November 2020 Blogs

November is National Pet Diabetes Month

November is National Pet Diabetes Month, but with more than 50 percent of the nation’s cats and dogs overweight or obese, raising awareness of the common endocrine disease has been extended to pets – rather than just their human caretakers. It is estimated that one in every 200 cats may be affected by diabetes, being the most common endocrine condition found in felines. The numbers for dogs are similar and only expected to increase.

Diabetes results when a pet’s body doesn’t produce enough insulin (Type I DM) or doesn’t process it properly (Type II DM). When your pet eats, carbohydrates found in his or her food are converted into simple sugars, one of which is glucose. Glucose is then absorbed into the bloodstream through the intestines and travels to cells throughout the body. Inside cells, insulin typically helps turn the glucose into fuel. However, when there isn’t enough insulin, glucose can’t even enter the cells to be converted into energy and instead just builds up in the bloodstream.

National Pet Diabetes Month

Symptoms of Diabetes in Cats and Dogs:

At-risk pets include:

Although diabetes can’t be cured, it can be managed so that symptoms are reduced or eliminated entirely. Your veterinarian will decide which treatment options are best for your pet. Often, changes in diet and lifestyle, combined with or without daily insulin injections, can help your pet live a happy, healthy, active life.

If you’ve noticed any of the above symptoms in your pet and suspect he or she may have diabetes, contact your veterinarian today. Veterinarians are the only professionals who can accurately diagnose your pet and provide proper health management. Diabetes can affect a pet differently over time, even if your pet has experienced a long period of stability. The sooner your pet is diagnosed, the better, and the less likely you'll incur the cost of an expensive emergency visit for diabetic complications.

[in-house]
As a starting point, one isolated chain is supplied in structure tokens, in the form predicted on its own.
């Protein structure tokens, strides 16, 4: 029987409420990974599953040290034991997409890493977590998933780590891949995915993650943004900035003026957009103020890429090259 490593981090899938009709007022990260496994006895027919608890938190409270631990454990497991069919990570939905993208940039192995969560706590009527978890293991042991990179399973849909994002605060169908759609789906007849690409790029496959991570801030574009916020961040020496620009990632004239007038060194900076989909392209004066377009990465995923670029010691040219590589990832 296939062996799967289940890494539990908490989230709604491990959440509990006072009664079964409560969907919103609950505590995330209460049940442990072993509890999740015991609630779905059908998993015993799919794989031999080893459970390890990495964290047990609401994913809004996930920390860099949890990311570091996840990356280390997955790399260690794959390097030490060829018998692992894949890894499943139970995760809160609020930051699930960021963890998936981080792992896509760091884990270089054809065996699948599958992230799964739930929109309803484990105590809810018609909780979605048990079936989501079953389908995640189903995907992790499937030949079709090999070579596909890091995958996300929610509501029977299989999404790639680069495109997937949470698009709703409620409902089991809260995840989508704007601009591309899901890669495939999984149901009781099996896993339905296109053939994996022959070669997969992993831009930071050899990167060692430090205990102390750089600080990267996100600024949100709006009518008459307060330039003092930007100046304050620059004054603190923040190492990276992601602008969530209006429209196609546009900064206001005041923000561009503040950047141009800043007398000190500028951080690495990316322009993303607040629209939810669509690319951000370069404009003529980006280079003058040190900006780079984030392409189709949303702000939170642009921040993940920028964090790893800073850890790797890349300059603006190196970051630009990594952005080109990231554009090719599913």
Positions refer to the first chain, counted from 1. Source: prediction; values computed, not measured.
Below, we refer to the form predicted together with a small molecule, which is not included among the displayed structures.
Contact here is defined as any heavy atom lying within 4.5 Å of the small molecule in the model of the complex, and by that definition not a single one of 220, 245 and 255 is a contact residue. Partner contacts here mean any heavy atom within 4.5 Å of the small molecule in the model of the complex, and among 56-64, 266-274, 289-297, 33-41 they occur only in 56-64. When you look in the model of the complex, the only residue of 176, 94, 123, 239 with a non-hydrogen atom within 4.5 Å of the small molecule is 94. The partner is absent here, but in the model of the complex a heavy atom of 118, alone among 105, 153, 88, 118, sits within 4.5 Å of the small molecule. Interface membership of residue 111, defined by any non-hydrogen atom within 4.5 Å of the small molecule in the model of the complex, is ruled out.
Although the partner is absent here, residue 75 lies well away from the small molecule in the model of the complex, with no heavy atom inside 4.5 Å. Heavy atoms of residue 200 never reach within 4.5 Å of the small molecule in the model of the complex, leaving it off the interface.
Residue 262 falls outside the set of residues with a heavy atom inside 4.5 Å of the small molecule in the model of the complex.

Celebrate Thanksgiving Safely with Your Pets

Thanksgiving is a wonderful time to gather with family and friends and indulge in delicious holiday treats. You can be sure that if your cat or dog is around for the festivities, they'll want to share some of the goodies, too. But no matter how much your pets purr, plead, whine or whimper, owners should remember that holiday treats that are tasty for people can be potentially harmful for pets.

Thanksgiving foods may look tasty to your pet, but they could be harmful.

The typical Thanksgiving spread is flush with a variety of foods, from savory fare like turkey and stuffing to sweet foods like yams and cream pies. Your pet's diet is much blander and boring, and for good reason—foods with lots of fat, dairy and spices can cause vomiting and diarrhea in pets. For this reason, it's best to avoid letting Rover dine on the usual turkey day leftovers. If you must give your pet some holiday foods, stick to dishes like boiled potatoes or rice, which will not upset your pet's stomach.

Some holiday foods, however, can cause much more than an upset stomach in your pet. Garlic and onions are members of the allium family and, if eaten in large quantities, can cause hemolytic anemia, a blood disorder that causes red blood cells to burst. Raisins and grapes are also toxic to pets and have been linked to kidney failure.

Chocolate is one of the most dangerous foods that pets can eat—it's also one of the most prevalent holiday foods. Whether chocolate is found in cookies, cakes, truffles or baking squares, any amount can be dangerous. Chocolate contains theobromine and caffeine, both methylxanthines that can cause stimulation of the nervous system, increased heart rate and tremors. Signs of chocolate poisoning include vomiting, diarrhea, seizures, hyperactivity and increased thirst, urination and heart rate.

Chocolate is dangerous for pets

Other sweet treats, like gum and hard candies, can also make your pet ill. Sugar-free candies and gum are made with xylitol, a sugar substitute that can cause a drop in blood sugar, depression, loss of coordination and seizures in your pet. Xylitol is also linked to liver failure in dogs. Be sure to keep all candies, chocolate and other sweets out of your pet's reach. If you believe your pet may have ingested chocolate or candy, call your veterinarian immediately.